These posts have squeezed in the top 30 listing. However,bearing in mind that some posts are issued and some posts are issued for a shorter period of time. What shocked me is entry No.14 – Pandan Huat Kuih that was only issued in one day. Please clicked on the blue coloured linked or the pictures to enter individual post if you are interested.


1    Another Singapore Malaysia Hawker Food–Chwee Kueh or Steamed Rice Cake With Preserved Radish

2   Creams and Milk Make These Buns Worth To Try –Hokkaido Soft Milk Buns

3   Huat Kueh- Chinese Steamed Rice Flour Cake–A Cake That Brings You Luck And Prosperity

4    The Plights of Kuey Neng Ko…The Traditional Chinese Steamed Sponge Cake…

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5   Easy Peasy Muah Chee(花生芝麻糍粑)

6   Extra Large Chinese Barbecue Pork Buns–Char Siu Bao (蜜汁叉烧包)

7   Another Alternative To Butter Cake–Cream Cheese Butter Cake (奶酪牛油蛋糕)

8   My Childhood Cake–Bee Hive Cake/Malaysian Honey Comb Cake or Kueh Sarang Semut (蜂巢蛋糕)

EASY PEASY BASIC MUFFIN RECIPE

10  What A Golf Ball Have To Do With A Pineapple? Well, It Is The Famous South East Asian Pineapple Tarts

11  Baked or Steamed,You Decide Yourself–Glutinous Rice Cake, Nian Gao (年糕)

12  Condensed Milk That Are Not Sweet? Home Made Condensed Milk

13  One, Two, Three…….Let’s Start Making Traditional Short Bread Biscuits.

 

14  An Auspicious Steamed Cake To Celebrate My Blog Anniversary–Pandan Huat Kuih (香兰发糕)

15  Yoghurt + Condensed Milk + Cream + Grapefruit = Grapefruit Yoghurt Ice Cream

16  This Is Different From Kek Lapis, This is Kueh Lapis–Nonya Kueh Lapis

 

17  Eggs, Eggs, Eggs….. Join Me To Cook Eggs….

18  Old Man Like Old Cuisines–Traditional Butterfly Cupcakes    

19  Not A Lapis Legit But A Rich Dense Lapis–Lapis Horlicks (Horlicks Layered Cake)

20  Another Uniquely Chinese Cuisine–Chinese Style Barbecue Pork–Char Siu (蜜汁叉烧)

21  I Have Decided To Make My Own Japanese Curry Roux–Japanese Curry Chicken Rice

22  A Noodle Dish That Chinese Sarawakian Would Not Be Able To Let Go… Sarawak Kolo Mee

23  Another Lapis For Your Consideration–Cream Cheese Chocolate Lapis Cake

24  Nothing To Shout About–A Simple Walnut Butter Cake

25  Out Of Gift Ideas This Christmas? Try Some Homemade Marshmallows

26  Hey, This is not Italian Meat Rolls, It Is Chinese Meat Rolls Called Ngoh Hiang

27 My Mum’s Tapioca Cake–Steamed Tapioca Cake Or Kuih Ubi Kayu (木薯蒸糕)

28 Homesick Buns? Yes, I am homesick of Sarawak Style Butter Buns..

29 My Steamed Sponge Cake (Kuey Neng Ko) Is Full Of Gas。。。。 (汽水鸡蛋糕)

30 Lets Have Something Different–Steamed Cream Cheese Layered Cake


5 POSTS THAT I THINK IT SHOULD BE IN BUT NOT IN THE LISTING

These are posts that I believed should squeeze in the top 30 listing but probably not because of their late issuance or lack of promotion of the posts.


“40 Minutes Bread Roll” with Sarawak Butter Bun’s Filling (四十分钟快速面包和特有牛油馅)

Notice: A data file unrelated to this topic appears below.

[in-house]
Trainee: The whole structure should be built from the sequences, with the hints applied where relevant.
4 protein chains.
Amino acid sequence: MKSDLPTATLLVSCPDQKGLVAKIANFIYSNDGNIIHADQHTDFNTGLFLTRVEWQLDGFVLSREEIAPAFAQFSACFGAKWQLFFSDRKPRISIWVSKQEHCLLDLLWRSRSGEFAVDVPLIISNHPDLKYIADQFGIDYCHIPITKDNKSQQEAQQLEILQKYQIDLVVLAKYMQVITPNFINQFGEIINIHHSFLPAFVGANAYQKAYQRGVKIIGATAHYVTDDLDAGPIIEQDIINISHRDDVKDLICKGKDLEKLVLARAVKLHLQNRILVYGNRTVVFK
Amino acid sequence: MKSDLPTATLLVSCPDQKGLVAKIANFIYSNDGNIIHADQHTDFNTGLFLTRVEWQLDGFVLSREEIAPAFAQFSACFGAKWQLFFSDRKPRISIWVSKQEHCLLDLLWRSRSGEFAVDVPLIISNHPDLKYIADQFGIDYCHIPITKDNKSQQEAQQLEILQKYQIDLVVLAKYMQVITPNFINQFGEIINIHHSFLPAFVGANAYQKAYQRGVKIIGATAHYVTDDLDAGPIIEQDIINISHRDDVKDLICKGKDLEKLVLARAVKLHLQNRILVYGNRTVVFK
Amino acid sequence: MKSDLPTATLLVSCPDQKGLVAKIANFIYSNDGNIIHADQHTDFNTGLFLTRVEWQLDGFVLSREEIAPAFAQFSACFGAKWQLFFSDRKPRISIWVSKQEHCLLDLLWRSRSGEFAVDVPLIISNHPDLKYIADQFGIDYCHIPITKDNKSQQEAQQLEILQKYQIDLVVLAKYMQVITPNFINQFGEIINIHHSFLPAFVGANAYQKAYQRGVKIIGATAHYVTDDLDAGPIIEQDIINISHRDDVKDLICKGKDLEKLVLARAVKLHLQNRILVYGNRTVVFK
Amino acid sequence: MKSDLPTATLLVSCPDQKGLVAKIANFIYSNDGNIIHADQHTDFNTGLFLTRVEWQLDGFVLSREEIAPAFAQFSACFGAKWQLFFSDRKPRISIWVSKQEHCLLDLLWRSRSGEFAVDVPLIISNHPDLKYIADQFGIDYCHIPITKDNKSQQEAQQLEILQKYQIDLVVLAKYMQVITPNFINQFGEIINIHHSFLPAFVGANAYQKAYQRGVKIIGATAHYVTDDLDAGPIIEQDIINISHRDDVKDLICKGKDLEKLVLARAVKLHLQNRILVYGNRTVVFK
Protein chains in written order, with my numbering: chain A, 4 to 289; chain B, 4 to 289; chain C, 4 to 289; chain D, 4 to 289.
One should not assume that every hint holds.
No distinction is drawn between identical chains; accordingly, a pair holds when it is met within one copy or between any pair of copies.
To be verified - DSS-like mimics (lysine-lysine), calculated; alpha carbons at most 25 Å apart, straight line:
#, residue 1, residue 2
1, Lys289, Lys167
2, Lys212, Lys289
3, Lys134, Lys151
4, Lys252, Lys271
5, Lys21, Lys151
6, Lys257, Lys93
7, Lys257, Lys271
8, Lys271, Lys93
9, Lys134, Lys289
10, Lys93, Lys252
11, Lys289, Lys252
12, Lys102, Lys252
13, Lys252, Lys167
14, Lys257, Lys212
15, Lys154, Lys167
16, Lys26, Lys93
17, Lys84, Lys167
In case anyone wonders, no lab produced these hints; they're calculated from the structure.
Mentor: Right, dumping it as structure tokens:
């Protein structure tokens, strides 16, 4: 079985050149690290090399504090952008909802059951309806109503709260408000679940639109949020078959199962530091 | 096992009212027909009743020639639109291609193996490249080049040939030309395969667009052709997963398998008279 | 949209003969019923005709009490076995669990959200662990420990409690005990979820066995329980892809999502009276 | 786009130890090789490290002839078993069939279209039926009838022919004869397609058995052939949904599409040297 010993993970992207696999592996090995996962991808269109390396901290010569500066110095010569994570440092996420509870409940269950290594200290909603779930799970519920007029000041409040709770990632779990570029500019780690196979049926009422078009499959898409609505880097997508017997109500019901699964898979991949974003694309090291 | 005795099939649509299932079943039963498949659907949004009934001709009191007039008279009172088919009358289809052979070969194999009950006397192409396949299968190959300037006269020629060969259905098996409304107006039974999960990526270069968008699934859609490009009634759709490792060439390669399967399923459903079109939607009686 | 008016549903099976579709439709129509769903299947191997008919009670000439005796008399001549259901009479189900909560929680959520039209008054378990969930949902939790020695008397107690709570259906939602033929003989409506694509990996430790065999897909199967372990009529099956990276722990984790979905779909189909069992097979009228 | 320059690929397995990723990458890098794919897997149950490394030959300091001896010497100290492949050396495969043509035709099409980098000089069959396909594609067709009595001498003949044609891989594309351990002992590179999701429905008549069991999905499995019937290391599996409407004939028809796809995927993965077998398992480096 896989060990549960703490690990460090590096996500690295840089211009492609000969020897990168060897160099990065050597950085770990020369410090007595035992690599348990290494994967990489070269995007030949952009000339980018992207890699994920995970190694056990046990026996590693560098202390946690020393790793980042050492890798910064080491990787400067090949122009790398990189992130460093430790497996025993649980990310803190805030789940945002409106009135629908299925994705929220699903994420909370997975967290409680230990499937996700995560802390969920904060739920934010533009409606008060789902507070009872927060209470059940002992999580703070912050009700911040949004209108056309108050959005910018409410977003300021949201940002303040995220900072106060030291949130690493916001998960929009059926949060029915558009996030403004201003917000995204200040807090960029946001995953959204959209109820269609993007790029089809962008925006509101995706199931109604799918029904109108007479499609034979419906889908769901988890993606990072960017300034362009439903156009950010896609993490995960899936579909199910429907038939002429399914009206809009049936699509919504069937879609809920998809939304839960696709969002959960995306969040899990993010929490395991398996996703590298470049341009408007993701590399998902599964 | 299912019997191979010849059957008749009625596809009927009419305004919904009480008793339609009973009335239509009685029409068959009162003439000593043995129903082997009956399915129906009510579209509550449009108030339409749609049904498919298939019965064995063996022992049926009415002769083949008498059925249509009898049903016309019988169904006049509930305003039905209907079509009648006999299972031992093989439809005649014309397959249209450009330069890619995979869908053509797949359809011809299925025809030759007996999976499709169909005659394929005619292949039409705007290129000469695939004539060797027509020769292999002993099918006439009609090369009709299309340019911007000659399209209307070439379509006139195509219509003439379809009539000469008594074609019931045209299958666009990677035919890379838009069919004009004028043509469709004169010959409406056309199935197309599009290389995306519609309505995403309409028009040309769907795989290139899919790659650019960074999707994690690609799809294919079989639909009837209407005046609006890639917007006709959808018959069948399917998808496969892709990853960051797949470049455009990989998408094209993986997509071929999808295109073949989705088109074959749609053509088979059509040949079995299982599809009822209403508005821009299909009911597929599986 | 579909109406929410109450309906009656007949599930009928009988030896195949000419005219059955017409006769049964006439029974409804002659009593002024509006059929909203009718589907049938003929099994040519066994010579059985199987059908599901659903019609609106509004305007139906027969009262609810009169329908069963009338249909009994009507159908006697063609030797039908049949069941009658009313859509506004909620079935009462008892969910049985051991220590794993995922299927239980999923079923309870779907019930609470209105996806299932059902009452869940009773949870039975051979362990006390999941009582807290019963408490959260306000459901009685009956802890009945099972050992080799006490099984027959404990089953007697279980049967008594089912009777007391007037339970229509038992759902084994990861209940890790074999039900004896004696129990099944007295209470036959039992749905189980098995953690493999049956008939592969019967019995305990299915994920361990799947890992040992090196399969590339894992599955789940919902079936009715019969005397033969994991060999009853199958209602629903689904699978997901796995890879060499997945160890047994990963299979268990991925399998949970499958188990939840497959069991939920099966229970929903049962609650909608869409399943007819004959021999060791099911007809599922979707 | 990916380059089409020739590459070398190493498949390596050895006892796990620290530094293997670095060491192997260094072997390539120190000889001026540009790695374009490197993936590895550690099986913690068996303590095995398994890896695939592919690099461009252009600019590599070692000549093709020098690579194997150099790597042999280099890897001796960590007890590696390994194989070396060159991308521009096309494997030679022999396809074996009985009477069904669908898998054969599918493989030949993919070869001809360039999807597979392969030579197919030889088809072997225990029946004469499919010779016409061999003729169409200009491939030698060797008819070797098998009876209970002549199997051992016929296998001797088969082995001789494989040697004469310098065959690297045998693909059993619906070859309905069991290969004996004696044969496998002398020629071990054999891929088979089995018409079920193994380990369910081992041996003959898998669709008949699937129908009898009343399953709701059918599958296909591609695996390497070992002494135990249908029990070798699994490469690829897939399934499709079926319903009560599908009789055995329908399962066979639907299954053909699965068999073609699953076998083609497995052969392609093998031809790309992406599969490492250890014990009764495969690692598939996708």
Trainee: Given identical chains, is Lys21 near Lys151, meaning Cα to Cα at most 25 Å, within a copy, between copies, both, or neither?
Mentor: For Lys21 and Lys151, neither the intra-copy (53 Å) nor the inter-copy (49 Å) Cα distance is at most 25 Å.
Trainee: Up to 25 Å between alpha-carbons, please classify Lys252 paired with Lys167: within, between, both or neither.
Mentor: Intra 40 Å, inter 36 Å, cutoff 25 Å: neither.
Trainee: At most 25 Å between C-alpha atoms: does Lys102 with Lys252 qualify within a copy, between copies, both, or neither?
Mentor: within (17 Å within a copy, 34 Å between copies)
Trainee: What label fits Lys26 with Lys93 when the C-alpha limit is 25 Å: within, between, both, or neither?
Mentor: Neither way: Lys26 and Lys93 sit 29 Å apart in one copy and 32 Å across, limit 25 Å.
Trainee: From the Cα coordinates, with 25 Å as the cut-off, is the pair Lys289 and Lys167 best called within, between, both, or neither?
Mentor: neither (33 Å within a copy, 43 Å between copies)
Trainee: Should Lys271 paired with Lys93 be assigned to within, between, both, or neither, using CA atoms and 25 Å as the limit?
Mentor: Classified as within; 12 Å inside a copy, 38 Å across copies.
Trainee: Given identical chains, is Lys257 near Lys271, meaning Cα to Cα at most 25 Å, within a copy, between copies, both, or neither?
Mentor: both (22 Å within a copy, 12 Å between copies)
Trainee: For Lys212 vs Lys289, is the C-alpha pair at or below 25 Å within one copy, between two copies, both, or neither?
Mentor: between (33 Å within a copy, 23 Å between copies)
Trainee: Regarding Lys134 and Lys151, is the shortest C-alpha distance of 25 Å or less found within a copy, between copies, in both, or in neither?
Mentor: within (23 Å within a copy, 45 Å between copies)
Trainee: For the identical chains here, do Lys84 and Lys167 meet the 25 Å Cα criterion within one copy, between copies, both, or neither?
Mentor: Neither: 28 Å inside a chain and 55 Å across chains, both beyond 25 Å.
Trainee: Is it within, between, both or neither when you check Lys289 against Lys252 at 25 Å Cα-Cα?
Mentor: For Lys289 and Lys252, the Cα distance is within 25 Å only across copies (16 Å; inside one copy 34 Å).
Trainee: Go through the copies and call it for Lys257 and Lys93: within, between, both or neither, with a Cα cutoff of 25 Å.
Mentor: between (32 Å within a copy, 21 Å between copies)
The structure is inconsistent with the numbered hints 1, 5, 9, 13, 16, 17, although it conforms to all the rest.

A Cuisine With A Long Chinese History– Dongpo Meat (东波肉)

Hey, I have invented my own Sarawak Laksa Paste Recipe !!!……… An In Depth Analysis and Pictorial Procedural Description Of The Famous Sarawak Laksa (PART II)

Back To Basics–Modified Traditional Butter Pound Cake

Back To Traditional Recipe of 1egg:1sugar:1flour- Traditional Steamed Sponge Cake (古早味鸡蛋糕)


CONCLUSION

Guaishushushu have issued slightly more than 300 recipes last year and the above accounted for about 10% of the recipes. If you are interested to get more recipes, you can refer to my RECIPE INDEX  here. Hope you like the post today. Cheers and have a nice day.


For more recipes, you can refer to my RECIPE INDEX (updated as at 21 March 2014)  here and you can follow me at PINTEREST or visit this blog’s FACEBOOK PAGE .  

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If you are a Pinterest user and you are interested to have more recipes, you can join or follow this Pinterest Board set up by me  where there are more than 1800 recipes worldwide and pinned by various bloggers: FOOD BLOGGERS AND FOODIES UNITED PINTEREST BOARD.

You can also join the Food Bloggers and Foodies United Group Facebook Group to see more recipes. Currently there are about 4500 members sharing various food photos . I would be more than happy if you can  post in Groups for the recipes that you tried from Guaishushu’s blog.

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Huat Kueh- Chinese Steamed Rice Flour Cake–A Cake That Brings You Luck And Prosperity

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UPDATED ON 17-JUNE 2014

FOR NON –ENO RICE FLOUR HUAT KUIH, PLEASE SCROLL TOWARDS THE END OF THE POST.

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For other Pandan Huat kuih prepared using self raising flour, please refer to: An Auspicious Steamed Cake To Celebrate My Blog Anniversary–Pandan Huat Kuih (香兰发糕)